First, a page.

Buying a home may be one of the biggest investments you make in your lifetime. When you purchase a home, you begin putting money into an asset that you own, and which is likely to significantly increase in value over the years. You may also regard the purchase of your first home as a rite of passage, a transition into stable, responsible maturity.
But do you truly and completely “own” the home you buy? There are a number of issues affecting ownership that you should keep in mind when buying a home. Some of these issues may actually cast doubt on your ownership of the property, i.e. your “title.” Some only affect the ways you can use your property. Both can have significant effects on your ownership of the property and whether you want to go forward with the purchase.
This article explains some of the common issues affecting ownership. Here is a compantion article explaining some of the steps you can take to protect yourself from them.
An encroachment is when a neighboring landowner builds on or otherwise exercises control over a portion of your property. A common example is when a neighbor builds a fence over the property line, enclosing part of your lot. Encroachments are among the most important title issues to watch out for when buying, because they may not come to light during a pre-closing title search. If there is an encroachment on your property, you can either sue to have it removed (and pay an attorney) or remove the encroachment yourself (and run the risk of having to pay damages if it turns out you were wrong). If an encroachment stays in place for several years—the time varies from state to state by statute—then title to the affected portion of your property may permanently pass to the offender, in a process known as “adverse possession.” If this occurs before you purchase the property, you will end up owning less real estate than you bargained for.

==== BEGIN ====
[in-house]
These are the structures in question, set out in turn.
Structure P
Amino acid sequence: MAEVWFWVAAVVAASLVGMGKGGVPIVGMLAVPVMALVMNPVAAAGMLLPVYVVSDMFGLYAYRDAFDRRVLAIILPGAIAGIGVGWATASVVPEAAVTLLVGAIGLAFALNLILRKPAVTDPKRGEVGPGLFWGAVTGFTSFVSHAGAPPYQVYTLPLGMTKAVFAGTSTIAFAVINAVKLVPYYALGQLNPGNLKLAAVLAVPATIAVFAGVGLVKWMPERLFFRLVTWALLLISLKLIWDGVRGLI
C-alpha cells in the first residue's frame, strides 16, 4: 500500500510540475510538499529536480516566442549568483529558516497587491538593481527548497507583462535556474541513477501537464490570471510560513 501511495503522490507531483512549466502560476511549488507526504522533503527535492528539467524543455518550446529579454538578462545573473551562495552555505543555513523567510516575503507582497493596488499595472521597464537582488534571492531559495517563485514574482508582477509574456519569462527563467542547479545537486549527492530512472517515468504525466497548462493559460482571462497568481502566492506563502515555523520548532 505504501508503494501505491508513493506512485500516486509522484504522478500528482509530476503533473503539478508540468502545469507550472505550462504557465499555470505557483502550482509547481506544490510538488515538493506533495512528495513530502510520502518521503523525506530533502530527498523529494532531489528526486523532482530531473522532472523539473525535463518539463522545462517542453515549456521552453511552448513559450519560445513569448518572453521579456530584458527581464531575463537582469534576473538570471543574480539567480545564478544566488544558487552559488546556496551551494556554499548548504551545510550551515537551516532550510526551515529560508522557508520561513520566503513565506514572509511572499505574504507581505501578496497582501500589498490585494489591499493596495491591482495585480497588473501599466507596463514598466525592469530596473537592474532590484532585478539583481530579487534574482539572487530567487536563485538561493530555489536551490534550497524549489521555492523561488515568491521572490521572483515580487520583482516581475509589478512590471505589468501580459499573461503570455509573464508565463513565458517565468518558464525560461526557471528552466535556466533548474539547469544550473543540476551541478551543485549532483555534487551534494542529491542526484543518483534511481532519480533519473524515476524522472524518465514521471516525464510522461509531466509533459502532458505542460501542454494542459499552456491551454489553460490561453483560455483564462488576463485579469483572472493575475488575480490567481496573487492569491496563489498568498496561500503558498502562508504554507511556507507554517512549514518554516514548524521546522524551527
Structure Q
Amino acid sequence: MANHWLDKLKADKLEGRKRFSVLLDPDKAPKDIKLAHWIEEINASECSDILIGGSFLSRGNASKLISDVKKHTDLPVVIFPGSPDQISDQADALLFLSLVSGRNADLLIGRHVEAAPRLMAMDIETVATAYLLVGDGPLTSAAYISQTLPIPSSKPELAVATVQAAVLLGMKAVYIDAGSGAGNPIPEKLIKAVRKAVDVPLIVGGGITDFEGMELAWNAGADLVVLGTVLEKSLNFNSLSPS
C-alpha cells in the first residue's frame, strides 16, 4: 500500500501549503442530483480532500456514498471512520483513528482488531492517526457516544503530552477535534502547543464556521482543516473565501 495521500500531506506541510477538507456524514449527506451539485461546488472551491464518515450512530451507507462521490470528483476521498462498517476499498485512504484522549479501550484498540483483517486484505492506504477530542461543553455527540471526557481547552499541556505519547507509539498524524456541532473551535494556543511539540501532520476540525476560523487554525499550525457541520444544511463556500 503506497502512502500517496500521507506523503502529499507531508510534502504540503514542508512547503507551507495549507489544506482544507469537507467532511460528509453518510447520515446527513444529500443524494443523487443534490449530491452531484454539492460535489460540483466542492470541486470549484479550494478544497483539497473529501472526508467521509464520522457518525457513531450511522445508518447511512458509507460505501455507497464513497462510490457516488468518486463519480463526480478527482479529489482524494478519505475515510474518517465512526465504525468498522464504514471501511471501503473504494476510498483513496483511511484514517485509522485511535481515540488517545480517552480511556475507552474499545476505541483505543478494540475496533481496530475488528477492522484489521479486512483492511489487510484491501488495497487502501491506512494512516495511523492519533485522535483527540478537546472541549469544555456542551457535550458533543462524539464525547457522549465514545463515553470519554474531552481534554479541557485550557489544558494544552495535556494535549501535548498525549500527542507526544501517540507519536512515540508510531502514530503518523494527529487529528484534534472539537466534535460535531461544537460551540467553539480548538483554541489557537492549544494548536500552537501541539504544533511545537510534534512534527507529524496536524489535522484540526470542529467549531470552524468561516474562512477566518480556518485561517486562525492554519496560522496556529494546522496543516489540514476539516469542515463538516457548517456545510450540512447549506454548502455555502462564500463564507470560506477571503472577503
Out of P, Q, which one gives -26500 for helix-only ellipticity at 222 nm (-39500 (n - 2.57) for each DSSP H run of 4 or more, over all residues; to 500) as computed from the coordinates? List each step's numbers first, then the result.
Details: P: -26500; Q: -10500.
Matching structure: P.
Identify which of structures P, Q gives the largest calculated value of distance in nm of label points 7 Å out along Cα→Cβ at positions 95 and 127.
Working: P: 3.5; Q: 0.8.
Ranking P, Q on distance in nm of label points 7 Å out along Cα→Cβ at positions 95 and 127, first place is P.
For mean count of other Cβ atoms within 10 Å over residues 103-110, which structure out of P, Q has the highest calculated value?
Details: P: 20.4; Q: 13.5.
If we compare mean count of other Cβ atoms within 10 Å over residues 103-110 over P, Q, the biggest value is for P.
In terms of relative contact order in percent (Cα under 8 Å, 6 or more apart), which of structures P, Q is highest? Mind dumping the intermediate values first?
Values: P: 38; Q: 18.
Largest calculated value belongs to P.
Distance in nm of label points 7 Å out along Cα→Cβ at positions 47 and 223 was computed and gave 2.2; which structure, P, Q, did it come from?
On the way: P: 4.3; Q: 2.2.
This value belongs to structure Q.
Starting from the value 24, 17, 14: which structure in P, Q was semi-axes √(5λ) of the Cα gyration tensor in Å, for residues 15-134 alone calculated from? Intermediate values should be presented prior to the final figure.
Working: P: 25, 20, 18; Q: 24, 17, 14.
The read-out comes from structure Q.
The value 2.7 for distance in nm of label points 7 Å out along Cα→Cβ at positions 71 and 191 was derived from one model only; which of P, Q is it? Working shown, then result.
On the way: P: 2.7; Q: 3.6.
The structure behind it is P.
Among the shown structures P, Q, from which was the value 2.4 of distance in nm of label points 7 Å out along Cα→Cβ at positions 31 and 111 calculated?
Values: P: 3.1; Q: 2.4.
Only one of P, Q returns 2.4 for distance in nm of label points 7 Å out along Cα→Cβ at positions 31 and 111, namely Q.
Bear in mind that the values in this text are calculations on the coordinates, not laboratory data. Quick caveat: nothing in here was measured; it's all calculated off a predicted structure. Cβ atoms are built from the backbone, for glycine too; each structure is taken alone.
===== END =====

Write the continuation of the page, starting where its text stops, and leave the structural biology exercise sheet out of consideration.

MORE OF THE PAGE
2. Liens, Attachments, and Lis Pendens
Liens and attachments occur when the seller owes money to a third party, who claims an interest in the property as security for the debt. Examples of liens include mortgages, liens for unpaid taxes, mechanic’s liens (held by a contractor who performed work on the property), and judgment liens. A judgment lien is a lien held by someone who successfully sued the seller for damages in court. It may or may not have any direct relationship to the property. For example, a credit card company might get a judgment against the seller for unpaid debt, and place a lien on the seller’s house to ensure payment.
An attachment occurs when someone sues the seller, and the court orders that the property cannot be sold until the case is over.
A lis pendens (Latin for “litigation pending”), is similar to an attachment. It is a document filed in the land records by the plaintiff in a lawsuit, giving notice that an interest is being claimed in the property. A lis pendens does not prevent the seller from selling the property, but it puts potential buyers on notice that if the plaintiff wins the lawsuit, the plaintiff may be able to take the property back.
Liens, attachments, and lis pendens should all be recorded in the land records of the jurisdiction where the property is located, and should be revealed as part of a pre-closing title search. Most home sales contracts automatically require a title search, but you should make sure yours does before signing it.